It’s 20 days until the first Mets Spring Training game.
Simple, yet colorful. Blue and Orange.
On January 10th is the second annual Queens Baseball Convention at McFaddens Citi Field. If you talk to anyone that was there last year, you know that it was generally considered a blast, and this year will be even better. It’s basically the Mets fanfest you’ve always wished the Mets would hold, just held by fans–specifically Shannon and Mediagoon of Metspolice, Darren of The7Line and associated friends.
That includes me. I had a blast last time helping out and chatting with everyone about the Met and Baseball on a cold winter day. There were players, autographs, interesting panels and Mr. Met, and this year will be even better. I’ll be on hand wearing a jersey with ‘Ceetar’ on the back, so I’ll be easy to spot. (Last year I wore a Pagan jersey)
There’s plenty going on, as you can see from the website. My favorites are Josh Lewin being on hand to host the awards session. Mookie Wilson and Wally Backman will be there doing a panel and autographs. Ed Charles will accept the Gil Hodges Unforgettable Fire Award.
The calendar will just have turned and the holidays are in the rear view mirror. We’ll all be missing baseball and here’s a great way to get your fix with fellow fans. There’s even a t-shirt option with your ticket! Why not come out to the park and have a good time?
It’s understandable to be frustrated with the Mets results over the last few years, but your frustration does not necessitate the Mets approaching the winter meetings, or the offseason in general, in any different way. They’re still going to do what they need to do, and aren’t going to let four random days in December force them into a move they’re not ready to make. In the digital age the advantage of having so many baseball people in one place at the same time is mostly negated by cellphones and the internet. Everyone’s available at any time, and there is even more pressure on GMs. I wonder if they even sleep. Did Brian Sabean finally cave and call Sandy Alderson at 3am, “Fine, you can have Wheeler.”?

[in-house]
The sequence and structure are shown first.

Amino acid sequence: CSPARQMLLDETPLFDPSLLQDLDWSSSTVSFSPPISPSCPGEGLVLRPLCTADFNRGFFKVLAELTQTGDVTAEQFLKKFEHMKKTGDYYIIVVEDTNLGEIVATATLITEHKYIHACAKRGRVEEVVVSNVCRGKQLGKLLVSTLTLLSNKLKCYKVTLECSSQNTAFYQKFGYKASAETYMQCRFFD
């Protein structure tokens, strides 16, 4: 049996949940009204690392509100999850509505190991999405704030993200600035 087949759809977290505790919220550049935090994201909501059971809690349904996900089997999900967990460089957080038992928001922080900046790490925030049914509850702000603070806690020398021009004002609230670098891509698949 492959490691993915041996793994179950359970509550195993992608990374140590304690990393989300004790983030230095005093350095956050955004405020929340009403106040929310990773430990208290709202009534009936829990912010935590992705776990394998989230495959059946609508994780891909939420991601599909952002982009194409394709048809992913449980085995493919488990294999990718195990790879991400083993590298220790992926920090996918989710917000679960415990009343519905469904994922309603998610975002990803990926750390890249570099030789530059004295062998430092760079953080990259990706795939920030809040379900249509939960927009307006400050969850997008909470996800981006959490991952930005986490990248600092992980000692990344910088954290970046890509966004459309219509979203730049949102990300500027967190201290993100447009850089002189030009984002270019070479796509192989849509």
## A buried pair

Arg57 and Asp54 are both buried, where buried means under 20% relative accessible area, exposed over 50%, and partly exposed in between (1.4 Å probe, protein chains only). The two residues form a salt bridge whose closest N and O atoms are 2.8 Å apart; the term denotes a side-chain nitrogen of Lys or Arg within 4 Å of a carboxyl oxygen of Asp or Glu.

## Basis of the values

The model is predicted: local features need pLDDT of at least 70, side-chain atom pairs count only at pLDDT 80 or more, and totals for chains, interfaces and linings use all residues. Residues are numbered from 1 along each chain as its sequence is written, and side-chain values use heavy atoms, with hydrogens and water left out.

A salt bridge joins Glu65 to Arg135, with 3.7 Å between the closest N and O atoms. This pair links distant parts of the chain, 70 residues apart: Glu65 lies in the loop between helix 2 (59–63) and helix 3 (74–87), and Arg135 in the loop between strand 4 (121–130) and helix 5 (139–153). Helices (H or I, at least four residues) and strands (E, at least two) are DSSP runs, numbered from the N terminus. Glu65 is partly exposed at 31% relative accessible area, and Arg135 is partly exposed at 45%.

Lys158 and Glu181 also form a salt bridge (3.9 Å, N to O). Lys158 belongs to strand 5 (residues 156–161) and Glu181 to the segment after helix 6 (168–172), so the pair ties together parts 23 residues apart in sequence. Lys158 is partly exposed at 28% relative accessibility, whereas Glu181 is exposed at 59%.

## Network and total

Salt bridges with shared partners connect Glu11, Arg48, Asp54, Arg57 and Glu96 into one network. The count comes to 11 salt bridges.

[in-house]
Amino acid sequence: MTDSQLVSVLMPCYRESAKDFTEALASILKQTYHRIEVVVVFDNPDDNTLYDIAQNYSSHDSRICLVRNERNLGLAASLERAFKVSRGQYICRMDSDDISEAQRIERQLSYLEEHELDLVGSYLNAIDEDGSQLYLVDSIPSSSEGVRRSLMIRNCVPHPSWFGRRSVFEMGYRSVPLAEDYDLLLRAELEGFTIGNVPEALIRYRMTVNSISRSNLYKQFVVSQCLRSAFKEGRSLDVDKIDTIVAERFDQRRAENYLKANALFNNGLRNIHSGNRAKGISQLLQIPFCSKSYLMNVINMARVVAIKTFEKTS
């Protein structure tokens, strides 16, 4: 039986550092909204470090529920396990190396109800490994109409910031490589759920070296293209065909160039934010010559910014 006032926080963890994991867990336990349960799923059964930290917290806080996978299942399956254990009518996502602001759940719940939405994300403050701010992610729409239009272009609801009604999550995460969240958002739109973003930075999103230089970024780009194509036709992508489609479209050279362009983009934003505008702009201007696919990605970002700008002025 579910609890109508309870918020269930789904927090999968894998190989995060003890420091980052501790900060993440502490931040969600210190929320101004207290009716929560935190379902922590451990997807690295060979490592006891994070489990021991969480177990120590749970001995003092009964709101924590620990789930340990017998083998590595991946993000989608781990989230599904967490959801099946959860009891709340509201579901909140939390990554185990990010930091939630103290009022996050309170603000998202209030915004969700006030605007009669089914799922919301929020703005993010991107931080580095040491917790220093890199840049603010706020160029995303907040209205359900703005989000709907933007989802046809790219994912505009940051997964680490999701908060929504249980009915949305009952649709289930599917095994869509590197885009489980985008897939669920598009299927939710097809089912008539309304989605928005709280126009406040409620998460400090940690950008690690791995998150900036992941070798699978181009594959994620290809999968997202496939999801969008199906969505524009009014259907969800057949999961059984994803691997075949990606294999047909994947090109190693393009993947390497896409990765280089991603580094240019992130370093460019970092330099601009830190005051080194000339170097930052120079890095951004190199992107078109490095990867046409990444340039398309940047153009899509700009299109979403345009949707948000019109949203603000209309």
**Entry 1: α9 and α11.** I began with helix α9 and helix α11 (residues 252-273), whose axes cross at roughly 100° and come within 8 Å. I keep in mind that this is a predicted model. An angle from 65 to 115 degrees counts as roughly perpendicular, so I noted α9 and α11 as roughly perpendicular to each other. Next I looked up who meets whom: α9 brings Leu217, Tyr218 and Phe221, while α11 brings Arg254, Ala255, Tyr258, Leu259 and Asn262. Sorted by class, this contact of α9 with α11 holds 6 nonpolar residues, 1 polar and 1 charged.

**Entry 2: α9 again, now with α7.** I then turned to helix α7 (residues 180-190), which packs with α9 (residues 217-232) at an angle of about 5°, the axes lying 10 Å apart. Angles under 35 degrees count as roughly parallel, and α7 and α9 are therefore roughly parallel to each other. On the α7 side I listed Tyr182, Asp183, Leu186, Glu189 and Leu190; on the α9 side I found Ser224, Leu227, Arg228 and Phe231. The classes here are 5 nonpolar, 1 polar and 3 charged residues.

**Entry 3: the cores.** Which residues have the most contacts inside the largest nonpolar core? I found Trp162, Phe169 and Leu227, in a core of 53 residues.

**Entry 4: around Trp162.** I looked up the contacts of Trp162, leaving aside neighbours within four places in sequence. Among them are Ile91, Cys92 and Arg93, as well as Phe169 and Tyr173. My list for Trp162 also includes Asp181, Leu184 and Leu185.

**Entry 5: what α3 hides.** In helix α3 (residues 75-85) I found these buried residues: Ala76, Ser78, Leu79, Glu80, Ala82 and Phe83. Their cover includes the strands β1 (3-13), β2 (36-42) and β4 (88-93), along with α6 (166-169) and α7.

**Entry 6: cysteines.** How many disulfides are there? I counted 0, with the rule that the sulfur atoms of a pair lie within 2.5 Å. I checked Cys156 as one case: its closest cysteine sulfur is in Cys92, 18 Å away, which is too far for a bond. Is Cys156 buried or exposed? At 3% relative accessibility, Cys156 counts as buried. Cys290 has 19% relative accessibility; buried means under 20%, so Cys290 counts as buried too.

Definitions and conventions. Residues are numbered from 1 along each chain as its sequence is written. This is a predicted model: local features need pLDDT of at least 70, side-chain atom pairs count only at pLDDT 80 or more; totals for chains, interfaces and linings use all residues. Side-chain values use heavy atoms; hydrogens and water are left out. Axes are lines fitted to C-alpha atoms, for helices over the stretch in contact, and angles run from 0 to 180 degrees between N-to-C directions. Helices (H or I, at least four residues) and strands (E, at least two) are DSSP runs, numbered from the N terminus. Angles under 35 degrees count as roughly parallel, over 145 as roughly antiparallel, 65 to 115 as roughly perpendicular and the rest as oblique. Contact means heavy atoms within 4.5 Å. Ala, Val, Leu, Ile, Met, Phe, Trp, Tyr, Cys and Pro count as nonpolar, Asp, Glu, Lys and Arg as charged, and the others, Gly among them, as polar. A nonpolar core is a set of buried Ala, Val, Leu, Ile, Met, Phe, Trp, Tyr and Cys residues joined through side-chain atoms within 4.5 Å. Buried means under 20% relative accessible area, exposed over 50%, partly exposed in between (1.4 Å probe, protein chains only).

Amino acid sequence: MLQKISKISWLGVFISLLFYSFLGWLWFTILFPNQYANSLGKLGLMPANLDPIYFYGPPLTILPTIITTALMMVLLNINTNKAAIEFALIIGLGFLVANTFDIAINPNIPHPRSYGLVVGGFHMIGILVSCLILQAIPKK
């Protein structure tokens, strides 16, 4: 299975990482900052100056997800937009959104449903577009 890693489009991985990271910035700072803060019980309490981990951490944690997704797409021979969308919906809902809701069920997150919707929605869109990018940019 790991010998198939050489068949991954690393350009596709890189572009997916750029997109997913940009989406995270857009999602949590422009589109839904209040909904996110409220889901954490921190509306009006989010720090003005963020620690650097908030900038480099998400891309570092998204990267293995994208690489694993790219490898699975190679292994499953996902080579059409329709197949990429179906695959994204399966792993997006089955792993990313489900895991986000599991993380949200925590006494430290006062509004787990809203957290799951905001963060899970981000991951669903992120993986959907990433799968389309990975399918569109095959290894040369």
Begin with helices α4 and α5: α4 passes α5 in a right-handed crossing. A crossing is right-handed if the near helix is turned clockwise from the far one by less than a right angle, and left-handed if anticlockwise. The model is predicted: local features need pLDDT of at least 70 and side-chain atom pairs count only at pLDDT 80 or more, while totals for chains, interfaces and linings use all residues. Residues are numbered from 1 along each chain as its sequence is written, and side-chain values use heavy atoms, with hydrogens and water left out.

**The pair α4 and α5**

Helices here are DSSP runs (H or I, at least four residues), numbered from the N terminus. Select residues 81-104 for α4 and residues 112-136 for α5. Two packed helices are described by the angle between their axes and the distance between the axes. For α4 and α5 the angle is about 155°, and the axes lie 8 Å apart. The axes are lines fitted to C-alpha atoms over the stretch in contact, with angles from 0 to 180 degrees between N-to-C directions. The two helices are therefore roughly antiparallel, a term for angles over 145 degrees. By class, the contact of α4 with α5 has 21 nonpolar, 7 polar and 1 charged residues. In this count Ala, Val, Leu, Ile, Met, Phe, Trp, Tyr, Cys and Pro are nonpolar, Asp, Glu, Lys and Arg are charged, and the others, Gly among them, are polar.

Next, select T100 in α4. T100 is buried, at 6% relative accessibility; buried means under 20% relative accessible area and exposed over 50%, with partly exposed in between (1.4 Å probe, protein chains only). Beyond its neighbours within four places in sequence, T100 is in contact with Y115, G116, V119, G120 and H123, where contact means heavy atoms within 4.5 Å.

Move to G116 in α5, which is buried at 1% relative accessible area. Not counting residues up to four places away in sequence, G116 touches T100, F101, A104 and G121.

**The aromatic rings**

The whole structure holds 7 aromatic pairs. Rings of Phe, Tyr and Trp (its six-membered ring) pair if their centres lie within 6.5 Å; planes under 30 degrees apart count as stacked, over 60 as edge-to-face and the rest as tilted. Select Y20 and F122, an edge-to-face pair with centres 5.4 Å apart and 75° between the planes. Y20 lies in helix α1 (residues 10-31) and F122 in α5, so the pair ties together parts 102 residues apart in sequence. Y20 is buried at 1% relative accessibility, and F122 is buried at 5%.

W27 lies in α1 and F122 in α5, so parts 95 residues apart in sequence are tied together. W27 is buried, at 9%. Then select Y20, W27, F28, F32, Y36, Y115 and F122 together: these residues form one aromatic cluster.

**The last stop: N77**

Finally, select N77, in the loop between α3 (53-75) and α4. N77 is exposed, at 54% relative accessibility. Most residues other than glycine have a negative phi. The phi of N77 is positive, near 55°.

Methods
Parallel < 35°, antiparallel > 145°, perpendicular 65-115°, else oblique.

There are no bonus points for getting things done this week. It’s great for the writers because there are a lot of people to talk to in one place, and there are things going on, but just because writers have more to say doesn’t mean there is any added obligation to make something happen for them.